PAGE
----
So much has been happening in LGBT politics this past week that I think it’s time for a fabulous LGBT political news roundup. Why is it fabulous, you might ask? Because I’m writing it. This week, laws were made, laws were trashed and the notorious R.B.G expressed optimism about marriage equality.

First off, Alabama is still a mess, marriage equality-wise. Although U.S. District Justice Ginny Granade ruled Alabama’s same-sex marriage ban unconstitutional, some of the state’s judges are issuing marriage licenses to same-sex couples while some aren’t. Surprisingly, this is technically legal.

Ruth Bader Ginsburg is keeping up with the times by supporting same-sex marriage. PHOT VIA FLICKR USER Cknight70

Ruth Bader Ginsburg is keeping up with the times by supporting same-sex marriage. PHOT VIA FLICKR USER Cknight70

Opponents of marriage equality argue that just because the marriage ban was overruled, it doesn’t necessarily allow same-sex marriages. I know, interesting logic. Additionally, Alabama Supreme Court Justice Roy Moore asked (not ruled, but asked) all Alabama courts to not issue marriage licenses to same-sex couples. And now, here we are.

Depending which county you live in, you could either soon be happily married or woefully turned away by a judge this week. So a word to same-sex couples in Alabama: If you really want to get married, just move to the town over.

Another state it’s now unfortunate to be gay, transgender or queer in is Kansas. On Feb. 10, Kansas Gov. Sam Brownback, issued an executive order that nulled a previous 2007 executive order put in place by then-Kansas Gov. Kathleen Sebelius barring workplace discrimination based on sexual orientation and gender identity.

His battle of executive orders started, as Brownback stated, to “ensure that state employees enjoy the same civil rights as all Kansans without creating additional ‘protected classes,’” according to the Los Angeles Times. Because the last thing the government wants to do is protect its citizens who are discriminated against. That’s not what America is about.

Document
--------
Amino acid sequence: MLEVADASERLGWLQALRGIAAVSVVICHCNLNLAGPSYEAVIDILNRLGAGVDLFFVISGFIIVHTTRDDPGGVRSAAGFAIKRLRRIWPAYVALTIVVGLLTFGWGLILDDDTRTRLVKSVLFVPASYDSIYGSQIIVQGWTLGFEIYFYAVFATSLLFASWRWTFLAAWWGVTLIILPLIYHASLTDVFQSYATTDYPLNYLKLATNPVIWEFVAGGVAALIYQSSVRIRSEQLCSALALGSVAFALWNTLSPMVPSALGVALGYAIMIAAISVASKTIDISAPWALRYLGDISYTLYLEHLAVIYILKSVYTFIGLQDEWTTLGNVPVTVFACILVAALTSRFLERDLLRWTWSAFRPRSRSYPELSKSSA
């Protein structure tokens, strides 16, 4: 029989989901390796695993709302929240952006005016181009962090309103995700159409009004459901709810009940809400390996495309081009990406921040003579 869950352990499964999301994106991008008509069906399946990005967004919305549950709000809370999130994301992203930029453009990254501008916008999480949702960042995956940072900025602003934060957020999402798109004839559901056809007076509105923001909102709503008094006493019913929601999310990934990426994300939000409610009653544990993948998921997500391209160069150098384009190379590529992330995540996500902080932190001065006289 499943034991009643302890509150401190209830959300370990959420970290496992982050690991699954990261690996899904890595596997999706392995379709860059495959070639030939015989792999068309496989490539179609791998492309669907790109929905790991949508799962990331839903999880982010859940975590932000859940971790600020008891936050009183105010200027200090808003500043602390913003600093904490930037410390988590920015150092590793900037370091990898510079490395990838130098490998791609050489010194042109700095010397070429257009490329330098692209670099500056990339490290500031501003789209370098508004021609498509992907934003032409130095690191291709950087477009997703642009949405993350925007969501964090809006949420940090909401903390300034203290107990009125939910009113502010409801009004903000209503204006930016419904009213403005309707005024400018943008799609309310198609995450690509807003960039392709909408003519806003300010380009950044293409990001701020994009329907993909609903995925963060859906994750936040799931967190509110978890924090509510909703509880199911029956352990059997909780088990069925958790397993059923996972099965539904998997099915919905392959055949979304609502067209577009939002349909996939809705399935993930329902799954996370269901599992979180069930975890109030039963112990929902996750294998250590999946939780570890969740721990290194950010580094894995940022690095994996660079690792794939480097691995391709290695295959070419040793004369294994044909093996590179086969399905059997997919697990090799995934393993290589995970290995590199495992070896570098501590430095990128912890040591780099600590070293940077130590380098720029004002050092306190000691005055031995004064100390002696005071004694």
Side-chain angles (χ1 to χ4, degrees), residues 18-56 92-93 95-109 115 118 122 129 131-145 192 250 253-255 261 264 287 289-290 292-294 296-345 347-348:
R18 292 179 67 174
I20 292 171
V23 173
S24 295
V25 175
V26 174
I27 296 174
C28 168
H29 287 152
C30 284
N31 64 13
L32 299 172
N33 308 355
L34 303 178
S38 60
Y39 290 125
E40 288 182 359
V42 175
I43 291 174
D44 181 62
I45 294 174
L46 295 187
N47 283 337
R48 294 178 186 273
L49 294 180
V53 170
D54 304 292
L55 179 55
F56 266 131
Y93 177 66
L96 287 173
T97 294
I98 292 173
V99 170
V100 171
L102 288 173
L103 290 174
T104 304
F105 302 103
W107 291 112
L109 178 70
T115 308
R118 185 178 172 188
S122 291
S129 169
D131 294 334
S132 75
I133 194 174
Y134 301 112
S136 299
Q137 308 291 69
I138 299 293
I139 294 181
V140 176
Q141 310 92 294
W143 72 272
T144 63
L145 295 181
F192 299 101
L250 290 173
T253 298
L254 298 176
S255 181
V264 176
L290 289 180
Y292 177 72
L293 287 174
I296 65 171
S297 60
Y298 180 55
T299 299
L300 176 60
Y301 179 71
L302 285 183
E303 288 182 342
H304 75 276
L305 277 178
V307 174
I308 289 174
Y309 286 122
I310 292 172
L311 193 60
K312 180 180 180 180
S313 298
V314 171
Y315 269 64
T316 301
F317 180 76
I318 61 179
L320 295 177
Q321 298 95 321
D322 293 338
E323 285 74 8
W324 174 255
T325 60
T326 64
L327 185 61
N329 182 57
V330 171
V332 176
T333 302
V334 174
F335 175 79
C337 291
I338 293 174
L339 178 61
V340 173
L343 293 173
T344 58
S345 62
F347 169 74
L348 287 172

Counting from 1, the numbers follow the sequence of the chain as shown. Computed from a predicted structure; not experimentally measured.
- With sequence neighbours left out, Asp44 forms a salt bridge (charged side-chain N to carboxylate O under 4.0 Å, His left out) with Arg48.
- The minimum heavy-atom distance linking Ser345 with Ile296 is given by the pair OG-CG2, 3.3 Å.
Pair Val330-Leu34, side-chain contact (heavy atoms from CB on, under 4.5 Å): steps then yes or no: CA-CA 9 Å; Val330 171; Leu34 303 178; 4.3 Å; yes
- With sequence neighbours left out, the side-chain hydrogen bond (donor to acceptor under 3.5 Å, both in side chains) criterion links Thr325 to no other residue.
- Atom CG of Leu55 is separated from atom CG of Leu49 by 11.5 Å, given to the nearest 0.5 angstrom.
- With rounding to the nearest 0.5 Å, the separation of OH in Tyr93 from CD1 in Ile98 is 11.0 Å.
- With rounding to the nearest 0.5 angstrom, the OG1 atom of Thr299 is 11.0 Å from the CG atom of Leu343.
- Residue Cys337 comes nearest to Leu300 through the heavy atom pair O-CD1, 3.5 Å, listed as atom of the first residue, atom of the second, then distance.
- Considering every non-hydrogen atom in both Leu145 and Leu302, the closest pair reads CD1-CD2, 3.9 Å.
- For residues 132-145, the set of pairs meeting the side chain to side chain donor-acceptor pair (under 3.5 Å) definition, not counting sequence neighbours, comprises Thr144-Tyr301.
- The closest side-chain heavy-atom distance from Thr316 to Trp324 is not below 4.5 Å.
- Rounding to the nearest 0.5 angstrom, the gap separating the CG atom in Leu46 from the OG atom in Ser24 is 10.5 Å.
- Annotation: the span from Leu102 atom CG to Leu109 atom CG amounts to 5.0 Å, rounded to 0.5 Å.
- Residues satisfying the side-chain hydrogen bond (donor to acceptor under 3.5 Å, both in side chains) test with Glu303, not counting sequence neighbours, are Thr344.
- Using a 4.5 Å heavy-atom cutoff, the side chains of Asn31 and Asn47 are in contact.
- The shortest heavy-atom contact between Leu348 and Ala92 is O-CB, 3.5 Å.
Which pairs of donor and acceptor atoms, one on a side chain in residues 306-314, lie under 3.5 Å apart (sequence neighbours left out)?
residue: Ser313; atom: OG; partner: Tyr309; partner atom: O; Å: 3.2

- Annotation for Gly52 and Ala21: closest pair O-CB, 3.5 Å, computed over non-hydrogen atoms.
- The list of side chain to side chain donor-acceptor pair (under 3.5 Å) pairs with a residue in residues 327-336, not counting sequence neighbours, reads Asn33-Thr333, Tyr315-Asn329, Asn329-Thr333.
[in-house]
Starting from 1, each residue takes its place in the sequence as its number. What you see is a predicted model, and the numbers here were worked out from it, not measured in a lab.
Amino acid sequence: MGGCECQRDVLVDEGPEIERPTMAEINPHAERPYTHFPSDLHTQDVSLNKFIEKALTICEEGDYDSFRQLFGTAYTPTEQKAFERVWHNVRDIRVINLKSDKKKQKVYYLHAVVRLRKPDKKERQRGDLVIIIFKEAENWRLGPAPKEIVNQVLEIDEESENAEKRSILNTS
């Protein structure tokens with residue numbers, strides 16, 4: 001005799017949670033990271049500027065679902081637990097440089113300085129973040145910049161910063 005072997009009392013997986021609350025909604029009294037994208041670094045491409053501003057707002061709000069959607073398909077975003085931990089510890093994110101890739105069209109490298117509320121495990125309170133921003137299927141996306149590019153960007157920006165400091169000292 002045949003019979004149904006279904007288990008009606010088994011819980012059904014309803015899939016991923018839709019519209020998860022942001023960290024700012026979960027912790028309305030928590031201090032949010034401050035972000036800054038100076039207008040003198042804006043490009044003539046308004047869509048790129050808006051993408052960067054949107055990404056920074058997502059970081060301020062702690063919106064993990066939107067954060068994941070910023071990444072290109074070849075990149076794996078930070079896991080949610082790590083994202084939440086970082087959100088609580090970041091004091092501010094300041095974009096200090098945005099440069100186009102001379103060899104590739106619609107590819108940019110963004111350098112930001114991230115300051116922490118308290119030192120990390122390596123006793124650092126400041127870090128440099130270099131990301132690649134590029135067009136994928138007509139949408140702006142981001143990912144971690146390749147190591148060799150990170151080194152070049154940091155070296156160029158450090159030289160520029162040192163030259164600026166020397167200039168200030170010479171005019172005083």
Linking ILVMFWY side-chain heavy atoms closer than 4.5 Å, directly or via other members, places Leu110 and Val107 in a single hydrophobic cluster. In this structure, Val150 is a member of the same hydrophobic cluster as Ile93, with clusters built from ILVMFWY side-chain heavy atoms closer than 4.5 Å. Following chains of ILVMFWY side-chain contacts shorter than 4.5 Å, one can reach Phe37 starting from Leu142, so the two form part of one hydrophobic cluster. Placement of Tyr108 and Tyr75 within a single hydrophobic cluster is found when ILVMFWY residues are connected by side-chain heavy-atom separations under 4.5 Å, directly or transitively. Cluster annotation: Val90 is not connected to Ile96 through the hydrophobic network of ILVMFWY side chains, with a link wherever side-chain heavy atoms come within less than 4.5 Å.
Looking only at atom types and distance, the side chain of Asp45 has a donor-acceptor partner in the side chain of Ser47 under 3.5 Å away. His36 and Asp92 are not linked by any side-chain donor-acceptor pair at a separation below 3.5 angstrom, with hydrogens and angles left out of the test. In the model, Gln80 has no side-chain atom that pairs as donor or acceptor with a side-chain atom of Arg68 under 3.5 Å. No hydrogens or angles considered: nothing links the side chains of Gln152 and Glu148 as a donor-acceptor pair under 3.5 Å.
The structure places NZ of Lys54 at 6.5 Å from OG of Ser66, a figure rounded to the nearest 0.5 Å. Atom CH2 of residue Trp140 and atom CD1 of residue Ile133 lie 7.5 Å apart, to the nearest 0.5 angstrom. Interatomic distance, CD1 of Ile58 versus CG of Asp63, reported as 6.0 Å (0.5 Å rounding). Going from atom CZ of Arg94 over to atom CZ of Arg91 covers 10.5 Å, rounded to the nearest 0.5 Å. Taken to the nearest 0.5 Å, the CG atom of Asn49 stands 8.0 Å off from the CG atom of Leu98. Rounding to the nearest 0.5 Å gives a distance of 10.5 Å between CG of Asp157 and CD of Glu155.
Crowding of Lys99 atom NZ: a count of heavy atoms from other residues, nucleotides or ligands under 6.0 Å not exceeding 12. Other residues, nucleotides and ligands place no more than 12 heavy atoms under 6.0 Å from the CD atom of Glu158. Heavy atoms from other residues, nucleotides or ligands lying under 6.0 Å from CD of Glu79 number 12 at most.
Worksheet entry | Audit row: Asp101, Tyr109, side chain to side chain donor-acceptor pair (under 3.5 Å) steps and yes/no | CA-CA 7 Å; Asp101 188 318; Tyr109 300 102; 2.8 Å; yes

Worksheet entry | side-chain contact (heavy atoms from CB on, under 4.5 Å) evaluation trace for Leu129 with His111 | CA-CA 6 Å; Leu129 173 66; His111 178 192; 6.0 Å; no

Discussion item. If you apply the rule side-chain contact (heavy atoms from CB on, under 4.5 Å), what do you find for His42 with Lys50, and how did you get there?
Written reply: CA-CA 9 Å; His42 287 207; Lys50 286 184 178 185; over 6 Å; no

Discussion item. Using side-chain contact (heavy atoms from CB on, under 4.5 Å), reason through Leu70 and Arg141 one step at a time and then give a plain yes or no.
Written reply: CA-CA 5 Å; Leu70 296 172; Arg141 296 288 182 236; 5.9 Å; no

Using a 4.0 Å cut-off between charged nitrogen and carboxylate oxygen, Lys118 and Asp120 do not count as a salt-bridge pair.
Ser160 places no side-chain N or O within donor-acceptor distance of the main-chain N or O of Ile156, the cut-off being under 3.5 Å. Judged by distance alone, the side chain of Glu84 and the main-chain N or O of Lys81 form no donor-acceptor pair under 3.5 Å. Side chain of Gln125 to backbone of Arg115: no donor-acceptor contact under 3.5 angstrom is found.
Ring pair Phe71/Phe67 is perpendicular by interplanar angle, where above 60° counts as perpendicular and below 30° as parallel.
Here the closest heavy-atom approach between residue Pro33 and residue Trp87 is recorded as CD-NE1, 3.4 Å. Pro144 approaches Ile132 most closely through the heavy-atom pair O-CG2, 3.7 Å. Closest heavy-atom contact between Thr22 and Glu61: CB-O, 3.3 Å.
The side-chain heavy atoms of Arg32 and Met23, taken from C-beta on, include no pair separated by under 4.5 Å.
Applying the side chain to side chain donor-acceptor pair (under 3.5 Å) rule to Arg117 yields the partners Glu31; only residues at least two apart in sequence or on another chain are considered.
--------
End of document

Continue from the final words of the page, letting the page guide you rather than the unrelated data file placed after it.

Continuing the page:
In a conflicting statement, Brownback elaborated that he only issued his executive order because the state legislature should be the branch that passes laws outlawing discrimination as it sees fit, not the executive branch. To review: Brownback issued an executive order to nullify an executive order because executive orders shouldn’t be made on just any issue. Solid.

Things aren’t looking any better southeast of Kansas either. As of Feb. 13, the Arkansas legislature is set to pass a bill that would allow businesses to refuse service to LGBT people based on religious beliefs. That means Arkansas is another place I probably shouldn’t move to in the future (along with the aforementioned Kansas and Alabama).

At this point, I don’t know why legislatures keep passing discriminatory legislation. The fact is that people are people. Enacting the guise of religious freedom to infringe on a marginalized group of people is rude and disgusting. The rest of the country is moving ahead with equality (for the most part), while a few states are falling back. Get with the times.

To end on a happy note, the Supreme Court justice with the most fun name to say aloud, Ruth Bader Ginsburg, said in an interview with Bloomberg News that she thinks Americans are ready for marriage equality. These words will come before a Supreme Court hearing on marriage equality by June. Maybe we’re not doomed as a nation after all. Leave it to Ginsburg to remind us that things are looking up for the LGBT community after all.